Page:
Essam Radwan, a professor emeritus in UCF’s College of Engineering and Computer Science, will be inducted Oct. 11 as a distinguished member of the American Society of Civil Engineers, the highest honor a civil engineer can achieve.
Radwan is being recognized for his research contributions using simulation to improve traffic operations and for his leadership to enhance civil engineering education. He will be inducted with eight other engineers at the ASCE’s 2019 Convention in Miami.
“It is an honor to crown my academic career with an induction to the ASCE distinguished members, a group of civil engineers who made a substantial impact on the profession in their field of expertise,” says Radwan, who received his doctorate at Purdue University.
Radwan retired in 2017 but will finish working with his final doctoral student this fall.
The society says Radwan’s research is recognized worldwide for its incorporation of human factors into the assessment of highway safety.
He has served as principal or co-principal investigator on more than 80 projects sponsored by the U.S. Department of Transportation, the Florida Department of Transportation and other agencies.
During most of his 17 years at UCF, Radwan served as chair of the Department of Civil, Environmental and Construction Engineering, where he reformed the undergraduate curriculum, expanded the graduate program with innovative research, and mentored dozens of master’s and doctoral students.
He was the founding director of UCF’s Center for Advanced Transportation Systems Simulation, a multidisciplinary simulation lab of investigators working with UCF’s Institute for Simulation and Training. Radwan also led UCF’s effort to partner with the City of Orlando in the MetroLab Network, in which universities use academic research and resources to help cities improve their approaches to sustainability, economic development, community-building and public safety.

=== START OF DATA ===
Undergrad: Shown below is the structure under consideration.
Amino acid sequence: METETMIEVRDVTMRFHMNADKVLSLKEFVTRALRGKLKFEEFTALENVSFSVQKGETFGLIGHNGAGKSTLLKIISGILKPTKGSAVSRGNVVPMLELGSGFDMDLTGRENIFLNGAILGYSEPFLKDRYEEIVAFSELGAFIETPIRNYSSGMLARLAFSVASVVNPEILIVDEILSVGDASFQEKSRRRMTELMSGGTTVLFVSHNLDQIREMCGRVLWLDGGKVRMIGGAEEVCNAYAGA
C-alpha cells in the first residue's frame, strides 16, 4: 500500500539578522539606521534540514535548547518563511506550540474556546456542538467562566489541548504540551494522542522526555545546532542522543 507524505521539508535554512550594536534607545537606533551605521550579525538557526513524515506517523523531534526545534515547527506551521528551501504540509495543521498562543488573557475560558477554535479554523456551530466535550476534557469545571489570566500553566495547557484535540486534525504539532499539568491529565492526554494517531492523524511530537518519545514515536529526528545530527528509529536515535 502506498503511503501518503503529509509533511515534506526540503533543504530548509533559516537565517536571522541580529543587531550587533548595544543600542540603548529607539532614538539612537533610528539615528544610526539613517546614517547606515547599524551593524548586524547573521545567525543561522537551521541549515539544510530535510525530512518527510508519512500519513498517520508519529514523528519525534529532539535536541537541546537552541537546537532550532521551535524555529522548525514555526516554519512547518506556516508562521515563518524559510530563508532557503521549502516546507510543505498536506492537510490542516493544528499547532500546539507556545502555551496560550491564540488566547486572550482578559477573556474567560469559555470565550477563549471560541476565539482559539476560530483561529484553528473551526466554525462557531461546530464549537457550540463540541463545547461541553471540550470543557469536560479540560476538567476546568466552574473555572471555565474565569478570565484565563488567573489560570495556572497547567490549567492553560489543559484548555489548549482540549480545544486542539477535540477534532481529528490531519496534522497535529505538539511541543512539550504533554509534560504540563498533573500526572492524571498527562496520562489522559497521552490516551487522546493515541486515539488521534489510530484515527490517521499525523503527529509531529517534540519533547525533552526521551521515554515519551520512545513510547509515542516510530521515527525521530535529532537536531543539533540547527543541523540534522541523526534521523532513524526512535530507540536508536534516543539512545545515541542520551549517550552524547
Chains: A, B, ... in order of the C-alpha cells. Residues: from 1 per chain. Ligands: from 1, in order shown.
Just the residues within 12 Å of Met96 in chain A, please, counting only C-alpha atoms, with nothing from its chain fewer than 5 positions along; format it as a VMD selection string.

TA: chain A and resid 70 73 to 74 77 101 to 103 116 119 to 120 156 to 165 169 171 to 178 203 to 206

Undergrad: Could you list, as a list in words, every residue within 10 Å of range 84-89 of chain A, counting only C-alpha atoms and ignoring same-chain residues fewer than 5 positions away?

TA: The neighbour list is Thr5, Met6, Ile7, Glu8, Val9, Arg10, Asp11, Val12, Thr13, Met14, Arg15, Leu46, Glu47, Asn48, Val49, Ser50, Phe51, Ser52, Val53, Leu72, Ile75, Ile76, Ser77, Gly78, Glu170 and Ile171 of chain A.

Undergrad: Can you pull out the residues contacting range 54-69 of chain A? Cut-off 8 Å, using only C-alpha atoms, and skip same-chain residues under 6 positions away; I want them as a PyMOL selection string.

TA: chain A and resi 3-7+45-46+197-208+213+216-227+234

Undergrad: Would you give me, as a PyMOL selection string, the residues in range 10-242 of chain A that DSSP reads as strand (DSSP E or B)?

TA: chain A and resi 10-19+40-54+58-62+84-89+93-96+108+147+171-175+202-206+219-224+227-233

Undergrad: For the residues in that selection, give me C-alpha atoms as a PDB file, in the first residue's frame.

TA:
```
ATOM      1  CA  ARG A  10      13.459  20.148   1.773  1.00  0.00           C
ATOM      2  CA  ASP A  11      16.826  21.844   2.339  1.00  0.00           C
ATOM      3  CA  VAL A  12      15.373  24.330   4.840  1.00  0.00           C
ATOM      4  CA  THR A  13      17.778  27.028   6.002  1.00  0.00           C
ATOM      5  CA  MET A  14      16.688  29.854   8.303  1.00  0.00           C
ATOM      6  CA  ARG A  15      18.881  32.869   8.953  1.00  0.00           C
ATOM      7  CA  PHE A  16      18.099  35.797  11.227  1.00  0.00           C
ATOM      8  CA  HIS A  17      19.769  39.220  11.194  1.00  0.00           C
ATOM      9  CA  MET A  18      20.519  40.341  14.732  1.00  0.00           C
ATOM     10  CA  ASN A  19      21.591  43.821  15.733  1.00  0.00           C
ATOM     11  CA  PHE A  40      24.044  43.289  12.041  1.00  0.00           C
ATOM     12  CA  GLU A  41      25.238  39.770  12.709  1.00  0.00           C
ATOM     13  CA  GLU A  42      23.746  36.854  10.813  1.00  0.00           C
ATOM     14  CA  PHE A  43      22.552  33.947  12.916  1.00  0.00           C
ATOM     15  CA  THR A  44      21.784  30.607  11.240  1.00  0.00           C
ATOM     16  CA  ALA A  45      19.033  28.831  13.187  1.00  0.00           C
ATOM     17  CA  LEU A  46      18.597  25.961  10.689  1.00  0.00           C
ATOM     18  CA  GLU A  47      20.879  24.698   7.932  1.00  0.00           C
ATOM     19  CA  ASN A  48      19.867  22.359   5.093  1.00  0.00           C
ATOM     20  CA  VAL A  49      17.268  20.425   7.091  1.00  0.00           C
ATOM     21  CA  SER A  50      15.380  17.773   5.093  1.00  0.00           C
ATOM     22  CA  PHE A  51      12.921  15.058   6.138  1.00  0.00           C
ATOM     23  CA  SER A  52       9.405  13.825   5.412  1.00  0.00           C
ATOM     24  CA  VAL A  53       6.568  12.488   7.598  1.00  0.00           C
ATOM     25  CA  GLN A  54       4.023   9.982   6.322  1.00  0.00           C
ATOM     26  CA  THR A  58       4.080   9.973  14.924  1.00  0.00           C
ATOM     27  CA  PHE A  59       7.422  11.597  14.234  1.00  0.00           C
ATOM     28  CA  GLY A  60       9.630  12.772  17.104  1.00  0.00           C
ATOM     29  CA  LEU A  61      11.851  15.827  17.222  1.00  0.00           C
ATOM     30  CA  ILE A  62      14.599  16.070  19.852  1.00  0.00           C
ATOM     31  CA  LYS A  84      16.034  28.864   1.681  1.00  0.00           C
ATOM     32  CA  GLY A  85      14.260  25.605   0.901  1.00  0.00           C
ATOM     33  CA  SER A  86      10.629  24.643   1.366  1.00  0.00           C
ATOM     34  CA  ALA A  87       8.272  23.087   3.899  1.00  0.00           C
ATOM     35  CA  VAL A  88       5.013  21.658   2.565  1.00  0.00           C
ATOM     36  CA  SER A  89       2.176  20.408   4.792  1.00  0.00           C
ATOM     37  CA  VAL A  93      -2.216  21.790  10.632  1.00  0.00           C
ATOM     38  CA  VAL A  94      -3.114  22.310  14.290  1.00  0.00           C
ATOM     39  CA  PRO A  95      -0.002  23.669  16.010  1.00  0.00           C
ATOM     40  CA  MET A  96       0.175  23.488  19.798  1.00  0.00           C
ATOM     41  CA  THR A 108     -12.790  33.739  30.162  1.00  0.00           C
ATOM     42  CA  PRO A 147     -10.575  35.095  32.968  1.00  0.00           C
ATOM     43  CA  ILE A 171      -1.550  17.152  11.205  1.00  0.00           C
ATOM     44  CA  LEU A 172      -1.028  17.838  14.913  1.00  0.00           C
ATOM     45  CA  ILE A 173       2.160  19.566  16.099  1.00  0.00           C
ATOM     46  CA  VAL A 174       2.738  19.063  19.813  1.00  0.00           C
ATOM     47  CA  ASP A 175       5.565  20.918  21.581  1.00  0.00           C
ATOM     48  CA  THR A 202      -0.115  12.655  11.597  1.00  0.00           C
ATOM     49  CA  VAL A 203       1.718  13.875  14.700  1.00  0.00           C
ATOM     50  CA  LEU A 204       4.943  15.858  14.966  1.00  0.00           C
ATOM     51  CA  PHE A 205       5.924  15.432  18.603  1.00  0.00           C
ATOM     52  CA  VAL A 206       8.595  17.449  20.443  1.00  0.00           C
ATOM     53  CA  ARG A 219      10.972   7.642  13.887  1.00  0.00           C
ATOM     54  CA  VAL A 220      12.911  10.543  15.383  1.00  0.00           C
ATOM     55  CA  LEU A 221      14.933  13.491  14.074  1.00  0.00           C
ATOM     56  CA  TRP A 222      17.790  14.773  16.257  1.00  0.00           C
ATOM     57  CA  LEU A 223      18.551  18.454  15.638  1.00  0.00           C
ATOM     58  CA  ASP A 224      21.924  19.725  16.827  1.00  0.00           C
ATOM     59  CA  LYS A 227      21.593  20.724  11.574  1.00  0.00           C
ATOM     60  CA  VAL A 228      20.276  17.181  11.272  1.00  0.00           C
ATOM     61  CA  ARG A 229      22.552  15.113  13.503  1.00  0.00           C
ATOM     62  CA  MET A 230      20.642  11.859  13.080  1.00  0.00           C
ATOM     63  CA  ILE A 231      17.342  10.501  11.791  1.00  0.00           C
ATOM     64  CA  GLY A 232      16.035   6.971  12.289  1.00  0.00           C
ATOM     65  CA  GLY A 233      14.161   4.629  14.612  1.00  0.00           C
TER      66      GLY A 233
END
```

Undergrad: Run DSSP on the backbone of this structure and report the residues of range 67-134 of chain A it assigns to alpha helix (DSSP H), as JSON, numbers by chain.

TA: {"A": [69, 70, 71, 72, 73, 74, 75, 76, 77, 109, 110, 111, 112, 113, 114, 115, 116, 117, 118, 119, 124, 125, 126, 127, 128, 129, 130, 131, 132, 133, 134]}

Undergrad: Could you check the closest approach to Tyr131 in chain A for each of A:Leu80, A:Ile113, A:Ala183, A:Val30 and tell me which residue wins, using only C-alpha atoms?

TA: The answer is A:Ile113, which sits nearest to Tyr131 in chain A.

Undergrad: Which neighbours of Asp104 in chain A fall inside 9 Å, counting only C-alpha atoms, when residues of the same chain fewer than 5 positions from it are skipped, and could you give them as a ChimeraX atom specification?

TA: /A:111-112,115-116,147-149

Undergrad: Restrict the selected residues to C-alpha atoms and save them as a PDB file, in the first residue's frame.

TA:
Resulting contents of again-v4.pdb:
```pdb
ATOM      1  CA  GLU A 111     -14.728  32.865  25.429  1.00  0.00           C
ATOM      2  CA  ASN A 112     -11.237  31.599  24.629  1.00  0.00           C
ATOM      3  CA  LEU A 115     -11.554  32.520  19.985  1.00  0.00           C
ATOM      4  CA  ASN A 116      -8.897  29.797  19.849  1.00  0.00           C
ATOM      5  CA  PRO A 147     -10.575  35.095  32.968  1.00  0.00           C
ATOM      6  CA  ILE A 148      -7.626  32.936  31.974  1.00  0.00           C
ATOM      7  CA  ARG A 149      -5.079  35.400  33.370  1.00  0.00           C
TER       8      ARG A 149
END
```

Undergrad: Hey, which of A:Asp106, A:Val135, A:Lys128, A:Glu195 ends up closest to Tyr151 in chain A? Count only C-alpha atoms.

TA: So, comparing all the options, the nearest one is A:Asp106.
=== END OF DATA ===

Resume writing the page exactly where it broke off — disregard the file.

The society says that with Radwan’s vision and leadership, many emerging topics, such as automated and connected mobility and energy diversification, are being addressed successfully in practice, classrooms and pilot programs.
Radwan has written 260 technical papers and reports, and he has delivered numerous academic talks at international conferences and professional meetings.
Out of more than 150,000 current ASCE members, only about 220 have achieved the distinguished member honor.
“Each member has attained a level of excellence that sets the standard for their peers, paving the way for engineers of the future,” says Robin A. Kemper, president of ASCE.